In my first post about Ubuntu 7.10 (Gutsy Gibbon), I described my efforts to install a test installation inside VirtualBox, hosted on my old-but-stable Ubuntu 6.06 system. By accident, that was posted under Here and There, instead of Computers ( http://www.frihost.com/users/SonLight/blog/vp-82999.html ) .
Unfortunately, I ran into some snags. I only have 512 MB of ram, which isn't a lot to run virtual machines in. Nevertheless, I expected to be able to install successfully, because I used the alternate install CD -- actually a virtual image, not a real CD -- which claims it only requires 32 MB of memory to do an install. I tried it first giving the VM 192 MB, and it bombed. I increased memory to 320 MB. That seemed like it might work, but it became apparent that memory was overflowing, and data was being swapped back and forth between disk and ram, without any real work being done.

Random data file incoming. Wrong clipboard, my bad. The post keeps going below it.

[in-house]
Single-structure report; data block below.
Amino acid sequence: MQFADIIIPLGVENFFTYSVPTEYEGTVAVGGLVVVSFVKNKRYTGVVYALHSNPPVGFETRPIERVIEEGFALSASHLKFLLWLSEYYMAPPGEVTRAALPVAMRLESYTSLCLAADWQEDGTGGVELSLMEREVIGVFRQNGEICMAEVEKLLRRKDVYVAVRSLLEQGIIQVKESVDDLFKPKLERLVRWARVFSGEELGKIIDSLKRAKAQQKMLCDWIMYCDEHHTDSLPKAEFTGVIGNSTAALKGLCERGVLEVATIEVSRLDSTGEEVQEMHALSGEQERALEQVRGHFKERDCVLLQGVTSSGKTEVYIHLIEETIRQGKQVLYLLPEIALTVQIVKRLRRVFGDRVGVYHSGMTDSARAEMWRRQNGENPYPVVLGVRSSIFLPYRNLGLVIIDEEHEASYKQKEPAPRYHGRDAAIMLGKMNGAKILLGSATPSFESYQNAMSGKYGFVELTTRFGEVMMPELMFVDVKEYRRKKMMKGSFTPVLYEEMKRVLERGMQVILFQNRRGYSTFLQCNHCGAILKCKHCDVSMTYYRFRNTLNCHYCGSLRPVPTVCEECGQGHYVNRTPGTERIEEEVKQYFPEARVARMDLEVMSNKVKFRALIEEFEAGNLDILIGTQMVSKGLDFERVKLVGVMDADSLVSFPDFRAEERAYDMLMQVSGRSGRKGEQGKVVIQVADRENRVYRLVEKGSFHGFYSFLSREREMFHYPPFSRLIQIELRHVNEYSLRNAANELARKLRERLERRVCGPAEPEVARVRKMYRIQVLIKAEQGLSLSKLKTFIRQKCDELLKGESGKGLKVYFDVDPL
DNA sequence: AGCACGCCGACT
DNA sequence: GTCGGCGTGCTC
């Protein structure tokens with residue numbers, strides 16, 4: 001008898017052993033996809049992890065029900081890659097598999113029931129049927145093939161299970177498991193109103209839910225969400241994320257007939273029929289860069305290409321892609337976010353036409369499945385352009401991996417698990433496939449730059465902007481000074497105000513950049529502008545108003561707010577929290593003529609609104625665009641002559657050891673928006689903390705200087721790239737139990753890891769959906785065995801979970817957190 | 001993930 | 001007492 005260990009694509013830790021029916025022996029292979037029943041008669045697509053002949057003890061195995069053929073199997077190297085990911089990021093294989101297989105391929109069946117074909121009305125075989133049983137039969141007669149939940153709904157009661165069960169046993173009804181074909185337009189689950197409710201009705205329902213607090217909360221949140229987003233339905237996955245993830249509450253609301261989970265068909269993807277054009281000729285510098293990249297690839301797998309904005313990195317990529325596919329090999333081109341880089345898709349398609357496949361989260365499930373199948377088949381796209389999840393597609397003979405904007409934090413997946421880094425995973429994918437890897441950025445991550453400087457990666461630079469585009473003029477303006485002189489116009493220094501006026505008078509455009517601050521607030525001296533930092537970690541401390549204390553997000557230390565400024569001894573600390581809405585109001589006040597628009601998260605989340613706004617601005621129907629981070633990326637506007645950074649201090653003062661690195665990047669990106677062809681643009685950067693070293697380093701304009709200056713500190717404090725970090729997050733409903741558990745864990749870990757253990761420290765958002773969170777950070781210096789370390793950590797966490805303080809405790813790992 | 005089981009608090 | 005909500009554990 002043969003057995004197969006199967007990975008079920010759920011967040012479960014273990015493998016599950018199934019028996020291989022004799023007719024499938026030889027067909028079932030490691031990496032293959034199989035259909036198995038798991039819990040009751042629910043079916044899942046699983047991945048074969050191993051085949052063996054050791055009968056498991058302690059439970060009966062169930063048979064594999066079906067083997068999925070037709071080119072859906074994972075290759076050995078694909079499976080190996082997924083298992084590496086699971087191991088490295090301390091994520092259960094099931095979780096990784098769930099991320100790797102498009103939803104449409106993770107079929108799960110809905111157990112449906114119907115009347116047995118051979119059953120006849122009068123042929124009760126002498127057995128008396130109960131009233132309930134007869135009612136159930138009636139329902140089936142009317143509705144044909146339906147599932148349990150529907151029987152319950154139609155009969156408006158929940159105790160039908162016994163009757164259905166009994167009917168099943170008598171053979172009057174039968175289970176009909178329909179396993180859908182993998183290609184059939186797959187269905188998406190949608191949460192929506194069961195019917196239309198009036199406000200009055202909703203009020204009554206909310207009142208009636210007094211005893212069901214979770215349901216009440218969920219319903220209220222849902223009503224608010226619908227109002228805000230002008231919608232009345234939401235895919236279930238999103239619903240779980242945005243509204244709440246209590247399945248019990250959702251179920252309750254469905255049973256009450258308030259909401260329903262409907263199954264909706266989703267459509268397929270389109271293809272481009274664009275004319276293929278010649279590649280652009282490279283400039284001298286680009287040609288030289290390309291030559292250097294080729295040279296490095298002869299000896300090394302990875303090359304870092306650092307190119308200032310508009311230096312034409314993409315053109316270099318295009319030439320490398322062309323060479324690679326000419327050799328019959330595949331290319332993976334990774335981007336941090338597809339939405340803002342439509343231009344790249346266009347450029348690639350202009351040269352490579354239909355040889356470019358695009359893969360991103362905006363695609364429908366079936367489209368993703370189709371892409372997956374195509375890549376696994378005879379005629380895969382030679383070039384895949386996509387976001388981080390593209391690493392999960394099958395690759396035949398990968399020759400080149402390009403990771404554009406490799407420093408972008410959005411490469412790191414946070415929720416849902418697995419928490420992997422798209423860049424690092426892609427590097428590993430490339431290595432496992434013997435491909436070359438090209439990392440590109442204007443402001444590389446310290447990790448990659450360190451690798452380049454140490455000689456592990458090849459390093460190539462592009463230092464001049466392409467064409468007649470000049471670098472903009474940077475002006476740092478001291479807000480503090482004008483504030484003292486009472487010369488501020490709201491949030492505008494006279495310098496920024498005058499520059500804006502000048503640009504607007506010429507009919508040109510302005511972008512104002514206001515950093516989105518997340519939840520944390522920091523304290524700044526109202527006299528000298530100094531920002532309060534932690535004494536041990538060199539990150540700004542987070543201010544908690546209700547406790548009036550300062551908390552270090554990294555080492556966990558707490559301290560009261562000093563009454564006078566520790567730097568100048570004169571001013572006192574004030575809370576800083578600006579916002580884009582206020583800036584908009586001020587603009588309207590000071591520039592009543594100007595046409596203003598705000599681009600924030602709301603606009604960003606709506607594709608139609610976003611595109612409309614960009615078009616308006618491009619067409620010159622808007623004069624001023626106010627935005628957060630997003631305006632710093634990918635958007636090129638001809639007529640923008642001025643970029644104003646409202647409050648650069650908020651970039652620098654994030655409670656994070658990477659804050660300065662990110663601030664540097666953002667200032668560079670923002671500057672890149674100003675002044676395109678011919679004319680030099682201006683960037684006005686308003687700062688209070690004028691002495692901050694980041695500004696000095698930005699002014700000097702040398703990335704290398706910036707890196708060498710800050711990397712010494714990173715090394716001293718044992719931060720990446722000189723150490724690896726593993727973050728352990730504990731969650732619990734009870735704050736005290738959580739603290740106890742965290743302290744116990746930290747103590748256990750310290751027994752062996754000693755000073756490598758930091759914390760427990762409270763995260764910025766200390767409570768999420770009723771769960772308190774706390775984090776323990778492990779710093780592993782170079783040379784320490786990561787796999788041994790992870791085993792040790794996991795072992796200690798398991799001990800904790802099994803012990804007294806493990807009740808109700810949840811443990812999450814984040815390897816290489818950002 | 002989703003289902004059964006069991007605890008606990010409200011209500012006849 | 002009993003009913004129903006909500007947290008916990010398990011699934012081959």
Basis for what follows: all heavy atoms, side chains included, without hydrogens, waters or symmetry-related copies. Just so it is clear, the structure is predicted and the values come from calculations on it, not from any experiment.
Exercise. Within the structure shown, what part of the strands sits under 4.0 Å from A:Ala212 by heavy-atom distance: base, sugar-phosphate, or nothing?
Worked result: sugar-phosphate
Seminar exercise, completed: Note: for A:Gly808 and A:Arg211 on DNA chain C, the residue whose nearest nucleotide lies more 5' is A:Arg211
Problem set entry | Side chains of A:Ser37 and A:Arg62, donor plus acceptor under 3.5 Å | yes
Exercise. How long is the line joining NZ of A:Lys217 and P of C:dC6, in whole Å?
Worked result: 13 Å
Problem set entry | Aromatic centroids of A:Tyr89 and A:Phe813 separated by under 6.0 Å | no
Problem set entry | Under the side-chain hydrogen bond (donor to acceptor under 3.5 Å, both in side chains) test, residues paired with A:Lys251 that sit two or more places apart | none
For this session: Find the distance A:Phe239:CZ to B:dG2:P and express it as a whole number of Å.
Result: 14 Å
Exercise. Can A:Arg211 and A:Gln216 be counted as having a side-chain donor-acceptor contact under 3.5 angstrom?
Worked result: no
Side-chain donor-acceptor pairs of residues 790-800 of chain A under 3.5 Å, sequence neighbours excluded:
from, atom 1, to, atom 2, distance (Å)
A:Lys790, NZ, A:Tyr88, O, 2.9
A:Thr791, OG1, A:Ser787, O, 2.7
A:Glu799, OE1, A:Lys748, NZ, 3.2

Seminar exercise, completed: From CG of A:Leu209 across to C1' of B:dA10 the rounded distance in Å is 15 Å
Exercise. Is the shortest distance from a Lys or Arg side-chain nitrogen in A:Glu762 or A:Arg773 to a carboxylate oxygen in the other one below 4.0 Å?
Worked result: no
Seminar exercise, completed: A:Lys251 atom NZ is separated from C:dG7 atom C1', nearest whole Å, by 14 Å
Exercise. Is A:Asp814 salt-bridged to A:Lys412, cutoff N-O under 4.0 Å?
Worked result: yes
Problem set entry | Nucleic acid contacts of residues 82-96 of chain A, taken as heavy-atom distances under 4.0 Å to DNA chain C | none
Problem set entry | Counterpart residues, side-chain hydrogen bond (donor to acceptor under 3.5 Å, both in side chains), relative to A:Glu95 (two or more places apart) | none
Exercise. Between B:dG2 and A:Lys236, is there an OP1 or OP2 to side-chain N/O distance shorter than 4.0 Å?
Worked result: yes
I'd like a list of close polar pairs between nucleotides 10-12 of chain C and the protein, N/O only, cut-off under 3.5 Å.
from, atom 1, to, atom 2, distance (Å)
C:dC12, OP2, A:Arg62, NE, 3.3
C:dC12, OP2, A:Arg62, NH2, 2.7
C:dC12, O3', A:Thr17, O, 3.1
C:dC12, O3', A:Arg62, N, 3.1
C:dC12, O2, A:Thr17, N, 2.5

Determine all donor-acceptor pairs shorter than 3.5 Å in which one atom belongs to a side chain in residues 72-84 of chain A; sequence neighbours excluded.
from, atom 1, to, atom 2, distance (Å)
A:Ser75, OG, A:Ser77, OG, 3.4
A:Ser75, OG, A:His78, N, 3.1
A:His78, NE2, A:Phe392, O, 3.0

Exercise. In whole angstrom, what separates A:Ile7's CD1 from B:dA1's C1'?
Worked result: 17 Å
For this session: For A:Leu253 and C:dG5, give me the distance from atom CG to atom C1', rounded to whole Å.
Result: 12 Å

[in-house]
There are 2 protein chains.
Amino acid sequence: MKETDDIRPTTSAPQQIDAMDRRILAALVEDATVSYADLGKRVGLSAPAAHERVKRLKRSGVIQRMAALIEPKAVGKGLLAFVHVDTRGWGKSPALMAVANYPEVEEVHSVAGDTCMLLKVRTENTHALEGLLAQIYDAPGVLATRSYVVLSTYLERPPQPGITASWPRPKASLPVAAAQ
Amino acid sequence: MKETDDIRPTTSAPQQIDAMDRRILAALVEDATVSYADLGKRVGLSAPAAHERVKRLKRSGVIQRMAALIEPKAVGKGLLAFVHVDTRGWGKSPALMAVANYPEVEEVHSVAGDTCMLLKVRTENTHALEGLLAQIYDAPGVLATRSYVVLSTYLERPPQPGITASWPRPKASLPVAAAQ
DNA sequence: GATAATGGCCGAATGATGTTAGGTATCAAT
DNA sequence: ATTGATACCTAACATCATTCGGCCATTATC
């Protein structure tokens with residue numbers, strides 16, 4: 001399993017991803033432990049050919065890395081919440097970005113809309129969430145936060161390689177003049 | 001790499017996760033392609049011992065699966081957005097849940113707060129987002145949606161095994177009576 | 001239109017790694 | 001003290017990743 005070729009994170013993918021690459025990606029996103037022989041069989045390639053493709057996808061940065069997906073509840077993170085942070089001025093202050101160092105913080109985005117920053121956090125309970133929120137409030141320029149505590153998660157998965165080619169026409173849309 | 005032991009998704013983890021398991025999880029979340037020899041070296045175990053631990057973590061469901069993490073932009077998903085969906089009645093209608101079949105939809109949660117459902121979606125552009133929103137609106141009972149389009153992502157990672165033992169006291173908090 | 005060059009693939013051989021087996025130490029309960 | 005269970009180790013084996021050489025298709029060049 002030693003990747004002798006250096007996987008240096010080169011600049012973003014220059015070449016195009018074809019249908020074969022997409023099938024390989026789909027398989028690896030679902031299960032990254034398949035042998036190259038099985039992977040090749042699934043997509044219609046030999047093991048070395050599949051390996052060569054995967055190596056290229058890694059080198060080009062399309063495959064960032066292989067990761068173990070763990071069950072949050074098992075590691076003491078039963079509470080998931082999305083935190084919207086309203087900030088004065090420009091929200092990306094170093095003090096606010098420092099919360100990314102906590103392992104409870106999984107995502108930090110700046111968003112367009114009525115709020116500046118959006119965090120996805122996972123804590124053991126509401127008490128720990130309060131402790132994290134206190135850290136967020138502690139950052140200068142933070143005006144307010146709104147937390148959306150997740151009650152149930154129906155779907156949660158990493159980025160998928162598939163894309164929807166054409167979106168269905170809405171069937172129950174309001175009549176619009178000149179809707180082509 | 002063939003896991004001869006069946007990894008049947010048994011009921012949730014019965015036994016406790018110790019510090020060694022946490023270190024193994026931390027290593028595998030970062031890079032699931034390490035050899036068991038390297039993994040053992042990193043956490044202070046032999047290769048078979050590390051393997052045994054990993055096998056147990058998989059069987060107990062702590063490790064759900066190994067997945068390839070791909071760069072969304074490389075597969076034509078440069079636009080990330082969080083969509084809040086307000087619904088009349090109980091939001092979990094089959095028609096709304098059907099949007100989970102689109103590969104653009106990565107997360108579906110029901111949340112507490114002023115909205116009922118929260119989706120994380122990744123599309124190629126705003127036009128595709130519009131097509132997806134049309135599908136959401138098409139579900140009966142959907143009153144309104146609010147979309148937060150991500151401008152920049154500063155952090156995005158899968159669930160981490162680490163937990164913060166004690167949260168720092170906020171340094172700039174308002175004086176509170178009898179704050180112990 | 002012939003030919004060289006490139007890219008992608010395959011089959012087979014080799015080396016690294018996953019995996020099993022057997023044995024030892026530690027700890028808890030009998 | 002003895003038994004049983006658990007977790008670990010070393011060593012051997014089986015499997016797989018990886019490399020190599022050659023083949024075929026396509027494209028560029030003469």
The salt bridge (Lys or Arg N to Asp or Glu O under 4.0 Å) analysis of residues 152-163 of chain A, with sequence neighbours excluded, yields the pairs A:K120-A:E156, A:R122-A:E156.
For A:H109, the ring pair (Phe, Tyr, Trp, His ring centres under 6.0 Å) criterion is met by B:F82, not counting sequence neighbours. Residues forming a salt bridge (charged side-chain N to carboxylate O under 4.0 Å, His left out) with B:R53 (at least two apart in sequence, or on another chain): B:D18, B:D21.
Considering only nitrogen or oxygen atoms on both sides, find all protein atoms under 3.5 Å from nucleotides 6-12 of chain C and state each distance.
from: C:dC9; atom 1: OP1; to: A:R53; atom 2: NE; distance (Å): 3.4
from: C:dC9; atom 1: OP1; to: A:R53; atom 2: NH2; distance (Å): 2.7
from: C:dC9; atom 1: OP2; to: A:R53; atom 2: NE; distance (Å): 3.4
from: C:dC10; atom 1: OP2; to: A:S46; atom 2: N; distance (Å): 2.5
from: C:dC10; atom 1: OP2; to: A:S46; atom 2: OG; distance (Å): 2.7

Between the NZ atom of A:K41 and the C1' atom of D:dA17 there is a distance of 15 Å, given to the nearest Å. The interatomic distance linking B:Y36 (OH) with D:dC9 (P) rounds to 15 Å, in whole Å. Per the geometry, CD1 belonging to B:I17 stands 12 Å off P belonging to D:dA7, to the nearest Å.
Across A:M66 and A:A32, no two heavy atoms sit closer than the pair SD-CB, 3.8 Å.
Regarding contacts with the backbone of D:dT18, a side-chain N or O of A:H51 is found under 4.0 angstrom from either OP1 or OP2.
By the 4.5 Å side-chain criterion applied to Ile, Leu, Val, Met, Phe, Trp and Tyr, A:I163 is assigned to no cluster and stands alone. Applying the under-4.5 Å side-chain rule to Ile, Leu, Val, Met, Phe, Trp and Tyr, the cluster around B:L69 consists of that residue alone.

I might try running it again by itself, but the idea that I could do an install while working on the computer was one of the features that encouraged me to try it. More memory would probably do the trick, but how much is needed? Can today's operating systems really handle scheduling programs well when memory is limited? I remember operating systems that would only try to run one program at a time if it decided the program's "working set" was too large to share, and would only "thrash" uselessly if there was no program able to run in available memory. Perhaps the processes in a modern OS are too interconnected to take that approach today.
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